The obvious question here should be: why are American missionaries so unsuccessful in relation to the means they are provided with? Why are the results so meager? Why do we have missionaries who spend years in a field, and produce not more than one local church which later disintegrates? Granted, sometimes God may use our visible failures to produce success for His plan, but that is not always the case; and besides, our job is to plan for success, not to plan for failure and then find excuses in God’s secret plans. Which means we need to answer these questions. Why are we a failure? What needs to be changed to make us a success? And in the answers to these questions is where my philosophy of missions becomes clear; and also where the character of Bulgarian Reformation Ministries is seen.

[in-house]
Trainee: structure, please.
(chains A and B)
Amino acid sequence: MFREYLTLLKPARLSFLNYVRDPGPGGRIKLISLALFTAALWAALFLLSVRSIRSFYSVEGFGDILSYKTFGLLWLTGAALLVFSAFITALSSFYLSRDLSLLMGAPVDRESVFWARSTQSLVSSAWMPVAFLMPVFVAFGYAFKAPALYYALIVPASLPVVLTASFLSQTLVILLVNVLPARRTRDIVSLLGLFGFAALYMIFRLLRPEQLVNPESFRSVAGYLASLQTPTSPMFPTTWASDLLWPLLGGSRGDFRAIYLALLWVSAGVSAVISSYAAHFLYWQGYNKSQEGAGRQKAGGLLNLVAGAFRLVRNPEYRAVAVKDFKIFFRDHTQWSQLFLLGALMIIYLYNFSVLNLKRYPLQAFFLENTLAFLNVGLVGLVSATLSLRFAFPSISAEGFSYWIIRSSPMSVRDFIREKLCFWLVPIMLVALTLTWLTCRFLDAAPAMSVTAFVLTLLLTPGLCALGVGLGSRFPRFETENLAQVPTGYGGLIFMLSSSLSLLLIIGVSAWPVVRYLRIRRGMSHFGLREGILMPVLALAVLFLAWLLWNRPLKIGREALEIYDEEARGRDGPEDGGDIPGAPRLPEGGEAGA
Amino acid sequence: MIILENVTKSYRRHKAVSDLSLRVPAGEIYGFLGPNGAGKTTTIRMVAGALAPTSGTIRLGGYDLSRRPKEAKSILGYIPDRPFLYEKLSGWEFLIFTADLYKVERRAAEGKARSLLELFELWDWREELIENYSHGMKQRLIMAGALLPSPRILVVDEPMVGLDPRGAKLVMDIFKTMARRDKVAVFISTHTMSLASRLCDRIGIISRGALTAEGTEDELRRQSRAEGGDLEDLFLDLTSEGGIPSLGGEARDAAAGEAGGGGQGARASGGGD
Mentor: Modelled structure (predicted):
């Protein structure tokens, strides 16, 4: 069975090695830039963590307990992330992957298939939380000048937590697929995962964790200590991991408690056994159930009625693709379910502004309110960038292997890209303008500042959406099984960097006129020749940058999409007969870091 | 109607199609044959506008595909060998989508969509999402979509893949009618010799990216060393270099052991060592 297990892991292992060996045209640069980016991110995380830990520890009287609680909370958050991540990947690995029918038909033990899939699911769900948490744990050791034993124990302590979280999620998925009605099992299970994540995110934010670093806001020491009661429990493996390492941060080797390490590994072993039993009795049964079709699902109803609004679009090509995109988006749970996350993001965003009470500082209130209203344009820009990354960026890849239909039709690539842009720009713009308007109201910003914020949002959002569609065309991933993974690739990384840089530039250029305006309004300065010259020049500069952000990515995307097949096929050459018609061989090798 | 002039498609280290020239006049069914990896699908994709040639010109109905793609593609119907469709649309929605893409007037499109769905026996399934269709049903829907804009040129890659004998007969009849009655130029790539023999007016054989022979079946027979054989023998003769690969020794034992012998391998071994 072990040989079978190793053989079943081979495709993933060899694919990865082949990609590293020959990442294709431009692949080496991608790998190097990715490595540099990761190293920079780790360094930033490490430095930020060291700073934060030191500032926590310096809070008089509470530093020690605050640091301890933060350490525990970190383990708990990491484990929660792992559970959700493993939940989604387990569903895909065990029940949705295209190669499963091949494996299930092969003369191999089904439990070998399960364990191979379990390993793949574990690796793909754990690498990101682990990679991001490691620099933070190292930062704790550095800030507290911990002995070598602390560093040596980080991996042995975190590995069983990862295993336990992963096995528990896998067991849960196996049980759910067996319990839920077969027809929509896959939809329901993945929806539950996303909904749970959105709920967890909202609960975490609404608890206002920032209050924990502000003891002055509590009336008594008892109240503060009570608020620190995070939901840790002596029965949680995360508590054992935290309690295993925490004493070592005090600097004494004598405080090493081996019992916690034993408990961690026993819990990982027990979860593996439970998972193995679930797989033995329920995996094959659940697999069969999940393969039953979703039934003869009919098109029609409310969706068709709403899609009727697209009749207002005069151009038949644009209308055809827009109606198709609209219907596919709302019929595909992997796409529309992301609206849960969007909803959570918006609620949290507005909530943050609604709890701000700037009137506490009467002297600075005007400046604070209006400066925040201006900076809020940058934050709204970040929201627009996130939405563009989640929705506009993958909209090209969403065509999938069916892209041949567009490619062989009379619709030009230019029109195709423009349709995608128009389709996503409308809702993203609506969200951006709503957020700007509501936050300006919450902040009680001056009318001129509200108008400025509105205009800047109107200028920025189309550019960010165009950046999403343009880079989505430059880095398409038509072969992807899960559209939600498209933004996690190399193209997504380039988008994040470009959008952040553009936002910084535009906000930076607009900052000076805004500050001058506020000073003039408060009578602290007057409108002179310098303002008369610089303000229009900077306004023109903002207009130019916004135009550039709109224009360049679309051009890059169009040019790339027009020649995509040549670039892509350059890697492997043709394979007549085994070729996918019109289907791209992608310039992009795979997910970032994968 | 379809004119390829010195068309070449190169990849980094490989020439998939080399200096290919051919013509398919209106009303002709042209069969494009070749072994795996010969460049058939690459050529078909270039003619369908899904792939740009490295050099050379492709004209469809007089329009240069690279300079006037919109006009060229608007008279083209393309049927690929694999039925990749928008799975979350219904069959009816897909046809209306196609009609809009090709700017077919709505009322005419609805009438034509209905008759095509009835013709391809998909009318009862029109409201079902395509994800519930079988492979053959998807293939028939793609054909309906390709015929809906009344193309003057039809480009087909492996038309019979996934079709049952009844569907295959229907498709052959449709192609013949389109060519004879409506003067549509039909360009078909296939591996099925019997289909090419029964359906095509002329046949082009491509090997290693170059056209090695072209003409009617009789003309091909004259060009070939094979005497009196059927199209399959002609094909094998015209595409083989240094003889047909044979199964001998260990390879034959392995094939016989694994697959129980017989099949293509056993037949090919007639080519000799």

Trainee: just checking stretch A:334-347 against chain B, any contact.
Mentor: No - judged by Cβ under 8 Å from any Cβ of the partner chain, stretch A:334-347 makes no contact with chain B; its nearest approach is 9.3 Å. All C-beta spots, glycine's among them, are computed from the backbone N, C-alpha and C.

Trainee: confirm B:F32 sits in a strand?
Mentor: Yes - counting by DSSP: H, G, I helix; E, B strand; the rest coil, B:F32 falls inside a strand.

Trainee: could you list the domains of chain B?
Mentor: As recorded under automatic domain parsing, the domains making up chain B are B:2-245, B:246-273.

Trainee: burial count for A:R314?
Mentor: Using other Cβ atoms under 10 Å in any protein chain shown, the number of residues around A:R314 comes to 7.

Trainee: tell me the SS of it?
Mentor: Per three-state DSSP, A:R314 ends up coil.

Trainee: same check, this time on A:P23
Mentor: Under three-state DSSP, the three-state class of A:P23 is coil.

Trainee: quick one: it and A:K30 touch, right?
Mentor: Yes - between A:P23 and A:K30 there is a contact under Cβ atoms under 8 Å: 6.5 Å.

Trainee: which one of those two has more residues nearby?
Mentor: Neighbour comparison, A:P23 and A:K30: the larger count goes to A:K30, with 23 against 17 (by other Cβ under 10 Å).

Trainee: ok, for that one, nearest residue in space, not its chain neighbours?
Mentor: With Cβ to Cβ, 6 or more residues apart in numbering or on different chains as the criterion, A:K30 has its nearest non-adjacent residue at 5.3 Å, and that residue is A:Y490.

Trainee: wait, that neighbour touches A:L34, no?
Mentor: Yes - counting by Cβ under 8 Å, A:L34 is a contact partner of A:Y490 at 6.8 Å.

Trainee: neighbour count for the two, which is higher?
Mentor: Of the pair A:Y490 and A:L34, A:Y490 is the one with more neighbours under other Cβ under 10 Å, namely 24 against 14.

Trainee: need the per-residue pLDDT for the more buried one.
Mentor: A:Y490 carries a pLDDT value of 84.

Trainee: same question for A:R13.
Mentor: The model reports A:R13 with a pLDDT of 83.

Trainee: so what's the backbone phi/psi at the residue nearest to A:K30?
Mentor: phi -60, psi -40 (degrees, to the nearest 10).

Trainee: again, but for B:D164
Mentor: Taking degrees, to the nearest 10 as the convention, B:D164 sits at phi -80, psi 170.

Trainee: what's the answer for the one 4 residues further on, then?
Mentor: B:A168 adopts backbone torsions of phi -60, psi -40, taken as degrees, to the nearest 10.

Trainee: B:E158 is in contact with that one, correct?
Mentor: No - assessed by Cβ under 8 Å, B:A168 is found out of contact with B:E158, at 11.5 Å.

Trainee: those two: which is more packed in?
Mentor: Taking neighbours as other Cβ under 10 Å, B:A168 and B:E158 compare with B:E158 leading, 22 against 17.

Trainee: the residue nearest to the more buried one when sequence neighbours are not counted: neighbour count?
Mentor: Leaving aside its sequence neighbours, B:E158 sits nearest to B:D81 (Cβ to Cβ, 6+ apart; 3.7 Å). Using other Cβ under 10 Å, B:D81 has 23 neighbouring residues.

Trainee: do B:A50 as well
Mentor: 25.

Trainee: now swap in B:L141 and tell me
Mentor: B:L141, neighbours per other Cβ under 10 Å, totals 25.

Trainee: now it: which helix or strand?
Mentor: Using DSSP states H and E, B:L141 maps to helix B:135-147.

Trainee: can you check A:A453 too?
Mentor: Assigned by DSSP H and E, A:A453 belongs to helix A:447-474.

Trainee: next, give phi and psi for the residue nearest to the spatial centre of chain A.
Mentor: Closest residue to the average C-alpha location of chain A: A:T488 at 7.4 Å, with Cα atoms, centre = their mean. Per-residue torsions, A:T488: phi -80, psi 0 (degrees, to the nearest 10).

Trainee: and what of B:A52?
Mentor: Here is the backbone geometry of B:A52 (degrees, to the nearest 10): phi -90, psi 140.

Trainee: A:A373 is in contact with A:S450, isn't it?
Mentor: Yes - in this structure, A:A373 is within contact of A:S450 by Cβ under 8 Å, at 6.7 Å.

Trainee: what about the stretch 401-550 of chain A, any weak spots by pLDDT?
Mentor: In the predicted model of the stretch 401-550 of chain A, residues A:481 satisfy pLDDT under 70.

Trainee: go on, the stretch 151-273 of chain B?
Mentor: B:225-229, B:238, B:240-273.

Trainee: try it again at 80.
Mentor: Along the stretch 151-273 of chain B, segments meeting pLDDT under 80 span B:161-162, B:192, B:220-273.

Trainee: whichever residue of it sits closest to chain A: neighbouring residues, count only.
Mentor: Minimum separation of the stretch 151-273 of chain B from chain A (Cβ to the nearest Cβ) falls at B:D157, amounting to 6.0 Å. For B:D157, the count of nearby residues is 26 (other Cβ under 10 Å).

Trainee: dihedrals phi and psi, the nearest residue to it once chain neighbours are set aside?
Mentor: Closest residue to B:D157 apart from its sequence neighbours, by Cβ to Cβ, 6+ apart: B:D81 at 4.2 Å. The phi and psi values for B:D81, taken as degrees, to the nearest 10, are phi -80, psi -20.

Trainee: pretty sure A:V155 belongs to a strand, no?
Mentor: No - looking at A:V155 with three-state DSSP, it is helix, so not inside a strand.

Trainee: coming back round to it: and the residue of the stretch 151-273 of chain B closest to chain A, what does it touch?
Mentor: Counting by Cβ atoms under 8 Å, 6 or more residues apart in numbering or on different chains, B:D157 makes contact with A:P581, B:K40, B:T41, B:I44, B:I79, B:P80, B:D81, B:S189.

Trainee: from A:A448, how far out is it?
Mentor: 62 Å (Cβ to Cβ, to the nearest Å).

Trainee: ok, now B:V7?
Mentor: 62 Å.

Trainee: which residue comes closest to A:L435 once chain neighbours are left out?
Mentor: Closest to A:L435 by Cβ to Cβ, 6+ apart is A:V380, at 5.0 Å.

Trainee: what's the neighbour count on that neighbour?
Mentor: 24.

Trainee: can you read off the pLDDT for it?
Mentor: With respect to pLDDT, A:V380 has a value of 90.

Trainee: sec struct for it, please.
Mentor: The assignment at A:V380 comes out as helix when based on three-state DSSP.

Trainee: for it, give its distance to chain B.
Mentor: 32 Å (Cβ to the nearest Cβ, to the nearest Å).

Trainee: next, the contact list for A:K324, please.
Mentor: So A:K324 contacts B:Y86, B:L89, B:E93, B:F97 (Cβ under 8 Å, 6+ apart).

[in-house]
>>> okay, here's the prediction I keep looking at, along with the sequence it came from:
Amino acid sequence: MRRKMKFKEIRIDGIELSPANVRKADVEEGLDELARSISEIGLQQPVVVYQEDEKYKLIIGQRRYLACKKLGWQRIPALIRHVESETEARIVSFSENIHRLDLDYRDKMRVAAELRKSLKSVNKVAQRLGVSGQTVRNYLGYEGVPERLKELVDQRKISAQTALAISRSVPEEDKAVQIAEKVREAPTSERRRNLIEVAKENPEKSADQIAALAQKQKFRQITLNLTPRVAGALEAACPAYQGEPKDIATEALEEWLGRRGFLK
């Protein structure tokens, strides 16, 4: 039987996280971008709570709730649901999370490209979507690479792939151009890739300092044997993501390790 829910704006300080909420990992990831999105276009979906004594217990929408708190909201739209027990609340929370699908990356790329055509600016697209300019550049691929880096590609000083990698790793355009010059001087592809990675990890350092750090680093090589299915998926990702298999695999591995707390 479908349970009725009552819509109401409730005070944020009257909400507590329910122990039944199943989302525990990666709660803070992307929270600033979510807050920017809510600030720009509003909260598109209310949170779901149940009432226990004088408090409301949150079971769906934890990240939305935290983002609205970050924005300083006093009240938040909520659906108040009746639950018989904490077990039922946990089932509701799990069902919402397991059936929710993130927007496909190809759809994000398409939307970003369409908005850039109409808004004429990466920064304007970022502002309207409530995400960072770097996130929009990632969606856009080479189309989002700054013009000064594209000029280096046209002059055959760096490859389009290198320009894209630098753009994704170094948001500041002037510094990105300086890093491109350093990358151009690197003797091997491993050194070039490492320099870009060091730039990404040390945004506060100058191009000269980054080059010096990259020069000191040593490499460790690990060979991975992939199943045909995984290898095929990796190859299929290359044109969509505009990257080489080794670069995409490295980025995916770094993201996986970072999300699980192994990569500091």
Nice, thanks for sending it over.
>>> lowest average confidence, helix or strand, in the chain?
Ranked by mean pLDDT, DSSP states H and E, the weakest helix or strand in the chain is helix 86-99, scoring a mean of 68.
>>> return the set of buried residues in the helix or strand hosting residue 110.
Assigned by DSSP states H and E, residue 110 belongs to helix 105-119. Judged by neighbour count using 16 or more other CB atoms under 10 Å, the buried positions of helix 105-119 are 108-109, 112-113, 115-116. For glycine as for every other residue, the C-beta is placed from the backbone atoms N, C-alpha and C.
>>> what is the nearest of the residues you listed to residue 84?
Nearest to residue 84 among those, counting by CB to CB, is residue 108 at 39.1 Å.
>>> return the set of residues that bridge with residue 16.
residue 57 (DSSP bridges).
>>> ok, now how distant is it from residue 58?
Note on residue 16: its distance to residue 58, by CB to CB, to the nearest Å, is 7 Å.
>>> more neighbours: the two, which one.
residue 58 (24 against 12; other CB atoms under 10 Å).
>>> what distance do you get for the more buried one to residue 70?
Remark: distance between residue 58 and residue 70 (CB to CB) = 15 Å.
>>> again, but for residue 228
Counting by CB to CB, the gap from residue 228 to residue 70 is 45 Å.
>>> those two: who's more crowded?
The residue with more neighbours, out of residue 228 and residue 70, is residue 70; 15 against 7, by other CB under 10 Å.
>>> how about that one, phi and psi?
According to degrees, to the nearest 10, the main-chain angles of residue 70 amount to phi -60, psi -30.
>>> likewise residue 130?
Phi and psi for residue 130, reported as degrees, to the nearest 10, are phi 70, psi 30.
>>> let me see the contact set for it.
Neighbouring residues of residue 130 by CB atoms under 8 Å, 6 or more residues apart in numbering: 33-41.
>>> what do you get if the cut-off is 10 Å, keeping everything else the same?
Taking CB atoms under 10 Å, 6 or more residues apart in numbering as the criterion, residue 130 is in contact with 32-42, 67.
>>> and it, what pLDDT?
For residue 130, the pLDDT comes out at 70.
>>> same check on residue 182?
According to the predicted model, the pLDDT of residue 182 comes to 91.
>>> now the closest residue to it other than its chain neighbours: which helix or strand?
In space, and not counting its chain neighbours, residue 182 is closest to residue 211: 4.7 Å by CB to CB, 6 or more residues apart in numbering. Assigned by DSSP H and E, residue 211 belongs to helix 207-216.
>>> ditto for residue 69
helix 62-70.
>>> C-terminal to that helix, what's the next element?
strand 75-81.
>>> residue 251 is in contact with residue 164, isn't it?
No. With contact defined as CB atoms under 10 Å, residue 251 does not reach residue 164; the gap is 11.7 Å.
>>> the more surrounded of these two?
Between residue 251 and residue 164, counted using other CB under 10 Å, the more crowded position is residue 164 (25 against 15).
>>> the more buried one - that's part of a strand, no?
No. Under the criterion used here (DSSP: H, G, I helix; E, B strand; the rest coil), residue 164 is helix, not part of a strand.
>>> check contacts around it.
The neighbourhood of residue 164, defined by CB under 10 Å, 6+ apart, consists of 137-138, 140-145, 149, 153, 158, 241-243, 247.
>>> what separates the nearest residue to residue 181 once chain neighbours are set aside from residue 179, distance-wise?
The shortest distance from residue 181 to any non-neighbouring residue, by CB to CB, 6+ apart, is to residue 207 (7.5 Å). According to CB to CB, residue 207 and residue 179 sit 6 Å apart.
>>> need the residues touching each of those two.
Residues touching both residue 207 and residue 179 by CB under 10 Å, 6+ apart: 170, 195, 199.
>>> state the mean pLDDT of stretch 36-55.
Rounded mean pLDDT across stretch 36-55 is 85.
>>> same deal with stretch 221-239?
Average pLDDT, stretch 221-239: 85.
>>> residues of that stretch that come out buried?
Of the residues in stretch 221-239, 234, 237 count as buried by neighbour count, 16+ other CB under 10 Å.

Here’s the answer (ready?): Modern missions have abandoned the comprehensive message of the Gospel which addresses the whole man. That is, man, his individual faith and thinking, his individual ethics and conduct, but also man in his institutions and his culture, family, local community, civil government, economic and business practices, education, science, monetary policies and taxation, issues of liberty and justice. Put it another way, modern missions have abandoned the comprehensive Gospel of the Kingdom. Missionaries advertize their missions as “planting churches” and “converting souls” at home: this is what the home churches expect to hear. (Thus, the problem to a great extent is the American church itself.) When missionaries go to the mission field, this is what they focus on: converting souls and planting churches. Sometimes they speak about “discipleship,” but as I said in my article on ChristendomRestored.com, “The Empty Rhetoric of Making Disciples,” discipleship is simply a rhetorical buzzword, there is no Biblical difference between discipleship and conversion. The essence is all in the content of the message, not in the technique of delivering it. This is an important truth to remember, so I will repeat it: Changing the technique of delivering the message won’t help, if the message is truncated; changing the message will do the work. And more than that, changing the worldview of the message, from a truncated, individualistic, pietistic worldview of personal salvation and church planting to a comprehensive, kingdom-building message of addressing the whole culture in everything it believes, speaks, and does, will only do the work.